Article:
Reviews, Commentary and Opinions on Midwest Craft Beer and Microbreweries

August 28, 2007

Beer Diary:

Title Town, U.S.A.

Resident homebrew specialist Jug Dunningan goes brewpub hopping in Green Bay.
by Jug Dunningan

Jug Dunningan is just here for the beer.
Contact Jug»
It was big news across Wisconsin in April. Hell, it was big news across the nation, but in the land of beer and cheese it had the most impact. Brett Favre will play a final season. I bounced with the joy of knowing the Packers had him for another season, but it wasn’t until my girlfriend gave me tickets to Lambeau Field for my birthday that it really hit me. “Do you know what this means?” I yelled. “We’re going to Title Town Brewing Company!”

I used the next few weeks to do some research. I had sampled Title Town’s beers at the Great Taste of the Midwest, but honestly what I remembered of them was lost in the swarm of the event. I looked at some mixed reviews comparing Title Town and Hinterland Brewery (which is conveniently just across the street from Title Town) and decided I would have to try them both myself.

Eventually game (brew?) day approached and after a rather disappointing lunch at Brett Favre’s Steakhouse we found our way to Title Town Brewing Company.

The brew pub is actually a renovated railroad depot built in 1898. The squeaky hard wood floors are worn, the post and beam construction are not hidden from view, and the old hand made bricks are exactly where the mason placed them 109 years ago. Photos from turn of the century Green Bay line the walls. This was an old building that retains memories of an even older culture. I wouldn’t have changed a thing.

I grabbed a table by the bar where I had a good view of the mash tun and fermenting tanks that were separated from the bar only by some large pane windows. I studied the beer list, although I already knew from my research I wanted to try the Johnny “Blood” Red (named after legendary Green Bay Packer running back John McNally) first.

The staff was friendly, not just courteous because they wanted a tip. They made me feel at home and were excited to talk about their beers. Soon our waiter returned and placed the red ale in front of me. I have never seen an ale this deep red before. I do not mean amber or copper, or a watered down Kool-Aid colored red (Killian’s). This ale is a real red topped with a bright white head. It had a rich malty nose with a slight floral hop aroma. The flavor was a full maltiness and an obvious Kent Goldings hop finish. Exactly how this traditional Irish ale should be. In all honesty this was the best red ale I have ever had.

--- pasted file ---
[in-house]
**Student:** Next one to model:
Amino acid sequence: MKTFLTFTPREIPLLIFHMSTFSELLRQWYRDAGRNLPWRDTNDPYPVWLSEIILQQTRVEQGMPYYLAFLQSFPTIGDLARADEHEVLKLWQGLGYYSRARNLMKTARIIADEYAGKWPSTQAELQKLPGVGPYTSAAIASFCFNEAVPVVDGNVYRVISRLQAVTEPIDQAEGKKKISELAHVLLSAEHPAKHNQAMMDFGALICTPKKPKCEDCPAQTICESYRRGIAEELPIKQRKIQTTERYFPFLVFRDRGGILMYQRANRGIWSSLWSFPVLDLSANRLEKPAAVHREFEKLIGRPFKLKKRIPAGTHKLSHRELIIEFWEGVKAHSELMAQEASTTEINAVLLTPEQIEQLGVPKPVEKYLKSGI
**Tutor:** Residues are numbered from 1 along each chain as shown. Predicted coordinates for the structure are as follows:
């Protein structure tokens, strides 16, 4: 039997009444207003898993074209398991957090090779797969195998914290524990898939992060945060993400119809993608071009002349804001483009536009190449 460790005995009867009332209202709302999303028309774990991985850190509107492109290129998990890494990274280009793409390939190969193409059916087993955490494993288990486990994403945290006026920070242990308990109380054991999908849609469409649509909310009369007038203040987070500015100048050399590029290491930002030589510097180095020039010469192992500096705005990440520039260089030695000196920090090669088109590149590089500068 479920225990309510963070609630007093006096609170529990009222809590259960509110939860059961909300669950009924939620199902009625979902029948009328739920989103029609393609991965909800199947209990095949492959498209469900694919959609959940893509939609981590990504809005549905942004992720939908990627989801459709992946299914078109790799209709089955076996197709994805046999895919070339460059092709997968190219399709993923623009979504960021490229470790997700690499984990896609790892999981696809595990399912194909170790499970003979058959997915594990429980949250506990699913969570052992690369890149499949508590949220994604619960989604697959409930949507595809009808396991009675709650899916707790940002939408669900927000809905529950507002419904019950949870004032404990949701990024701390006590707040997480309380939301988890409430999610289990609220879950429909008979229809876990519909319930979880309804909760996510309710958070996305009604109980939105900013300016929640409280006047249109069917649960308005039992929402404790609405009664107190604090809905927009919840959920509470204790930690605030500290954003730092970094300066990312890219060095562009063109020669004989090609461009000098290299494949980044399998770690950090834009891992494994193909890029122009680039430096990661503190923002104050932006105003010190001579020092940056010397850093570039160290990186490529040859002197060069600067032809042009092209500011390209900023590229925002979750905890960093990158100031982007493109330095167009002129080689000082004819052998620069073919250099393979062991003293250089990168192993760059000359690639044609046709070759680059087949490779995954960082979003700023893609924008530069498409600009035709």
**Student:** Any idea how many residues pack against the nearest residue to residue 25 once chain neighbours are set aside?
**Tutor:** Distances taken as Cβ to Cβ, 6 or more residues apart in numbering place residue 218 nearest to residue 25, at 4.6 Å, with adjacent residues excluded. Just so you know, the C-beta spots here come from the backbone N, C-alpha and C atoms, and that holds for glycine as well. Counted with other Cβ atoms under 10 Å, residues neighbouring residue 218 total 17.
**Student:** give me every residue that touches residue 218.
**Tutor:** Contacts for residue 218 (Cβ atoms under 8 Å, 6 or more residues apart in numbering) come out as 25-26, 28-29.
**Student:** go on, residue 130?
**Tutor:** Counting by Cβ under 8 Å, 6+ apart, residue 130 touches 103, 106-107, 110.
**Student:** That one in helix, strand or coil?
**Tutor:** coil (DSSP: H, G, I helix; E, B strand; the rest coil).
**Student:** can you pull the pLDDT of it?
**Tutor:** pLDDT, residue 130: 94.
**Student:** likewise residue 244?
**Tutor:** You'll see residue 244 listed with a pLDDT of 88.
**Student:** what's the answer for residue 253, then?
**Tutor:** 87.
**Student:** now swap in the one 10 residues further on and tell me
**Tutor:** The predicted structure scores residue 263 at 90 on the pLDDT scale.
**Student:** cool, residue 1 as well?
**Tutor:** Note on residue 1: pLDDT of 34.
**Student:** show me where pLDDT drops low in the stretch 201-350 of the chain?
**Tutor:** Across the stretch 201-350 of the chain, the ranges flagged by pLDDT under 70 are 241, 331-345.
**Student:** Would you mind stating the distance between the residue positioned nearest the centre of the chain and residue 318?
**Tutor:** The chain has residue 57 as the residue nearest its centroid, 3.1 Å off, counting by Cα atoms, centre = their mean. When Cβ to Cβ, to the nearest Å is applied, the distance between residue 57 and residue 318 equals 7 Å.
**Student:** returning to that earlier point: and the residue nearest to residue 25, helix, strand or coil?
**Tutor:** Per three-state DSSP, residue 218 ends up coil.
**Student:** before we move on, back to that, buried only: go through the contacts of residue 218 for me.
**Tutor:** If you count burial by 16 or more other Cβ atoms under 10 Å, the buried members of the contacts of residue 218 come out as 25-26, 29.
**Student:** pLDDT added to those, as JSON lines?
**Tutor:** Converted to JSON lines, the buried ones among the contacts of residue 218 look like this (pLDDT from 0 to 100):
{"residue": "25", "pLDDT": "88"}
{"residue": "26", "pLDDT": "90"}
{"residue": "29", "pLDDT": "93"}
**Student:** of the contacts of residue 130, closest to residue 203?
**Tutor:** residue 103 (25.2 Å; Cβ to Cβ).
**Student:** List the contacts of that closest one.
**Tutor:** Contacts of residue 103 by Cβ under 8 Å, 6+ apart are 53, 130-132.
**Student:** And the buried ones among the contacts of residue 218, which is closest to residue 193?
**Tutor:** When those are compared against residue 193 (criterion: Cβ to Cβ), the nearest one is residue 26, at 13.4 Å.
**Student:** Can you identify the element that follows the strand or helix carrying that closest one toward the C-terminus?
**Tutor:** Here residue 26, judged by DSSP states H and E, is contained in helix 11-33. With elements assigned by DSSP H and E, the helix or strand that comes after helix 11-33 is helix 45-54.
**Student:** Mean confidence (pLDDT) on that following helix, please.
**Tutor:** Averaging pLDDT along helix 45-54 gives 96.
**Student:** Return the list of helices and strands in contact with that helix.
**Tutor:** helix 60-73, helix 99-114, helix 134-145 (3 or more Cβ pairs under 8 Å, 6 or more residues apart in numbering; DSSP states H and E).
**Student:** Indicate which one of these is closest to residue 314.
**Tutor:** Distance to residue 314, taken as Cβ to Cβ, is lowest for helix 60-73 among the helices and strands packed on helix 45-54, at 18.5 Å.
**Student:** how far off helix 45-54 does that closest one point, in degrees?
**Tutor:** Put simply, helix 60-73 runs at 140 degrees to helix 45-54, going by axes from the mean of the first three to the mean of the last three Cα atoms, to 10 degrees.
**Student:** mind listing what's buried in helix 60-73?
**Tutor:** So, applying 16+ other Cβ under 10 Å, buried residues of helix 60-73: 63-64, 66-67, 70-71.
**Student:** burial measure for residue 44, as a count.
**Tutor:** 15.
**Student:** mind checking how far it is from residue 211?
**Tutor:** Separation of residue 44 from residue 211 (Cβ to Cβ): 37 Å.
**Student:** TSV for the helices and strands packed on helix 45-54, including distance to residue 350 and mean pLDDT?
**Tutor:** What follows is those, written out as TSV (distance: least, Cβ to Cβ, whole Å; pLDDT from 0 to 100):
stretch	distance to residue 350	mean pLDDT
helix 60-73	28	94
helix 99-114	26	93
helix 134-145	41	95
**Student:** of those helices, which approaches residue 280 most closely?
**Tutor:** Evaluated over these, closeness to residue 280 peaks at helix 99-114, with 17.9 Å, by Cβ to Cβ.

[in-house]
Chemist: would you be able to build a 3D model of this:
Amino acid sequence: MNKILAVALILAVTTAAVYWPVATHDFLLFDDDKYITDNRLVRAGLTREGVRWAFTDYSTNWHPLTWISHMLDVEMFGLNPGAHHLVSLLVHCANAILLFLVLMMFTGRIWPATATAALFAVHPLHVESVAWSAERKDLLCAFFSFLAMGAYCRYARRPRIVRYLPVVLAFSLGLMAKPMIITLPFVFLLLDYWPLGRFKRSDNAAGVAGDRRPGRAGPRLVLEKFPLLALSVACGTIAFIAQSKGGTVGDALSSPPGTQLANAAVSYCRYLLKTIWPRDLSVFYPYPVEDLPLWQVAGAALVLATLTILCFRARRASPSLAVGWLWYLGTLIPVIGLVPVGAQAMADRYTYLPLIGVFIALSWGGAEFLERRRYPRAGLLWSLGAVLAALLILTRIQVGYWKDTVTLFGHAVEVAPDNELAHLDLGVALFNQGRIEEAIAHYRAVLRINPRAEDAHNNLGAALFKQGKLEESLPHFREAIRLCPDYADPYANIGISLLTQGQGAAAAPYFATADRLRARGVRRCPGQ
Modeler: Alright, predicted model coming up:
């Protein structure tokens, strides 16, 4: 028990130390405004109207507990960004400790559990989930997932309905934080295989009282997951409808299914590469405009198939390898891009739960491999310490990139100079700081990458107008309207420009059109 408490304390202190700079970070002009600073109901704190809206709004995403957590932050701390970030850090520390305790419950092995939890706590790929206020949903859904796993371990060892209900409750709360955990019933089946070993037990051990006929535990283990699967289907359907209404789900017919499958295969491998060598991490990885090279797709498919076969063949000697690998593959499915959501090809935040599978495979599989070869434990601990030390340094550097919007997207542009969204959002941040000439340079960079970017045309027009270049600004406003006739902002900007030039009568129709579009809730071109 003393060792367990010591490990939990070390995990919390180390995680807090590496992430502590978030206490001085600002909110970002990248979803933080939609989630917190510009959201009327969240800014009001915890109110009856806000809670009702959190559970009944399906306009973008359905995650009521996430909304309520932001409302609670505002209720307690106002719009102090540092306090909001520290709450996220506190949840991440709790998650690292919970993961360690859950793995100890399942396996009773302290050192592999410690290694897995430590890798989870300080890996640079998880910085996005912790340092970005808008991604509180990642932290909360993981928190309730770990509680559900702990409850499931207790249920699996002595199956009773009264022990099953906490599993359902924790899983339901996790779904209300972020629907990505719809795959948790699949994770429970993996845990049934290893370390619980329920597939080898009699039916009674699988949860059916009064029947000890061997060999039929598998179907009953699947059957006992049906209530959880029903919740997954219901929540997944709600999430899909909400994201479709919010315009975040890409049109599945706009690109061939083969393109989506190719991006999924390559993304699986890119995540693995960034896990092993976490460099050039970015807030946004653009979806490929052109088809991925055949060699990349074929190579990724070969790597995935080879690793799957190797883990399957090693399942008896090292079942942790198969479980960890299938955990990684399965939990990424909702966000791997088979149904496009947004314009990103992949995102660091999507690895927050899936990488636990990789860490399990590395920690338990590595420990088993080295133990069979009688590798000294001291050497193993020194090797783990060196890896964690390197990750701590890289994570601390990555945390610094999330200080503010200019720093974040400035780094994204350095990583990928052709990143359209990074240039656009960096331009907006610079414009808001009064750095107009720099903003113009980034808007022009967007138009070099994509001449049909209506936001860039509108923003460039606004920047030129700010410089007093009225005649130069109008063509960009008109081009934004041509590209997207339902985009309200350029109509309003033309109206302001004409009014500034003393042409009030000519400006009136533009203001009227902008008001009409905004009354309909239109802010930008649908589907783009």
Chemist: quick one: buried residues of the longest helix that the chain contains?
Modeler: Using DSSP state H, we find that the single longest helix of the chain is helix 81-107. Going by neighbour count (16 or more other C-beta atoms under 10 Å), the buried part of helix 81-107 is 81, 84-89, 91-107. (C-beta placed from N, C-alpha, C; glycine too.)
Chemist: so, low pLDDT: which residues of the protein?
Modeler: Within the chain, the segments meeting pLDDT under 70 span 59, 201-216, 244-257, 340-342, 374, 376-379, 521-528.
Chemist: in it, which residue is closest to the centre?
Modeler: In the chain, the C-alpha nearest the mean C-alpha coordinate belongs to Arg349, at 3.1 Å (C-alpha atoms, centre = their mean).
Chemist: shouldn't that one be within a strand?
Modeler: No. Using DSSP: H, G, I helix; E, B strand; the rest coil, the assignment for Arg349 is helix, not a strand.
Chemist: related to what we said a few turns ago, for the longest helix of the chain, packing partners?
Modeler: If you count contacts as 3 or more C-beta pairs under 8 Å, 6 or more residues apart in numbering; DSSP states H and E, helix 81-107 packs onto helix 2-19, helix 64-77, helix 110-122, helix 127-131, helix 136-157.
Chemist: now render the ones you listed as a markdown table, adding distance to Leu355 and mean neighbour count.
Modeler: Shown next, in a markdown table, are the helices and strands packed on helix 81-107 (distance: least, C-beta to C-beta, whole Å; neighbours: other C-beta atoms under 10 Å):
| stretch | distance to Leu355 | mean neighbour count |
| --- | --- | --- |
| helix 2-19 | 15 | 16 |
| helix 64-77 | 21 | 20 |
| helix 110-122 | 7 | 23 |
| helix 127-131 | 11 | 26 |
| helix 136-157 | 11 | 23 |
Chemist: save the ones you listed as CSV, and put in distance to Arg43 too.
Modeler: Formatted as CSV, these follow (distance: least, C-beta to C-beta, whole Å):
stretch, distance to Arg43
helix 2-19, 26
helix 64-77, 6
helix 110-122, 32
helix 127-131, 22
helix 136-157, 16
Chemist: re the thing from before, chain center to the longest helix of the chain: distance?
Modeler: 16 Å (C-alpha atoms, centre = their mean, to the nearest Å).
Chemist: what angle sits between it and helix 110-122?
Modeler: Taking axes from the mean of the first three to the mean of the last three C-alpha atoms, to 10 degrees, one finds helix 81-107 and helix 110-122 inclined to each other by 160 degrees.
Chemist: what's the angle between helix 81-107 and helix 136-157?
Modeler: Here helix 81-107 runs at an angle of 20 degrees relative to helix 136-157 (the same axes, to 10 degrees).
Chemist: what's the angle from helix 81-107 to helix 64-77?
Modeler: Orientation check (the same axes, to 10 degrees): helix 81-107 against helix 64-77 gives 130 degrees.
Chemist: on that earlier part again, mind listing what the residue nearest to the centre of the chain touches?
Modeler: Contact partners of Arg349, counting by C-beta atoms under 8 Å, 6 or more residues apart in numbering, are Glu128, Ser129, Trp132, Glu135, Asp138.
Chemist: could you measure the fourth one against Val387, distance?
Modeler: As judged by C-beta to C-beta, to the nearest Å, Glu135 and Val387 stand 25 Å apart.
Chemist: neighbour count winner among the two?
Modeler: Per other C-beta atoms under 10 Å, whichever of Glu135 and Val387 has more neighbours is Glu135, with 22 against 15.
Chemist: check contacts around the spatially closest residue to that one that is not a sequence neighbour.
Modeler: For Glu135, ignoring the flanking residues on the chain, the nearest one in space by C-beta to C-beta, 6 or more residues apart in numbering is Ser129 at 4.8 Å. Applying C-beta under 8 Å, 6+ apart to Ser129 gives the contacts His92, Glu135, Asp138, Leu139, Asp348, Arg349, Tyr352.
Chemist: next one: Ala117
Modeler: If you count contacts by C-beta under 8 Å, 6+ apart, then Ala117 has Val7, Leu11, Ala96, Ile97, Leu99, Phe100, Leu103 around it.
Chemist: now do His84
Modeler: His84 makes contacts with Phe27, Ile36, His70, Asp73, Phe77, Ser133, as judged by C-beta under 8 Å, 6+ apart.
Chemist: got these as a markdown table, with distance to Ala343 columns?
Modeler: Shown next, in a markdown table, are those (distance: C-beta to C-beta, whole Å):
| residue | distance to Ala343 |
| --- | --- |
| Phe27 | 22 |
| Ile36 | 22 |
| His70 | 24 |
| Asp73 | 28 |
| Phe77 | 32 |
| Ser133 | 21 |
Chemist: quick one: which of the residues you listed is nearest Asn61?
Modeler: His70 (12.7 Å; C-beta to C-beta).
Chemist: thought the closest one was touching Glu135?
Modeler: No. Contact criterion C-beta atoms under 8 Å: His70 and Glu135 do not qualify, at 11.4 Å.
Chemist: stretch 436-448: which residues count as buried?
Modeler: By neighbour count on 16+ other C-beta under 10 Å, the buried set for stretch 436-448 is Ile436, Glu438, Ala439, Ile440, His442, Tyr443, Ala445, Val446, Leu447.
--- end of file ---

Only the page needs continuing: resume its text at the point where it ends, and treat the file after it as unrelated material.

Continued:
Next we ordered a “train” of sampler glasses. Our waiter brought us out a wooden boxcar containing a dozen four-ounce samplers, one for every house beer (and a house root beer). It is safe to say I can say nothing bad about any of the beers I tried. I would label Nutter Brown Ale and Railyard Ale, a very good altbier, among their best. I saved the Hopasaurus Rex, an American IPA, for last since I just knew it would be a Cascade hop-bomb just like all other American IPAs. Man, was I wrong. I knew it as soon as I smelled it. Cascade hops were present, but you really had to look for them. There was a strong unfamiliar hop aroma. I took a drink and it was more of the same. I couldn’t detect any of the Cascade despite the strong, piney hop flavor. It was very good and refreshing.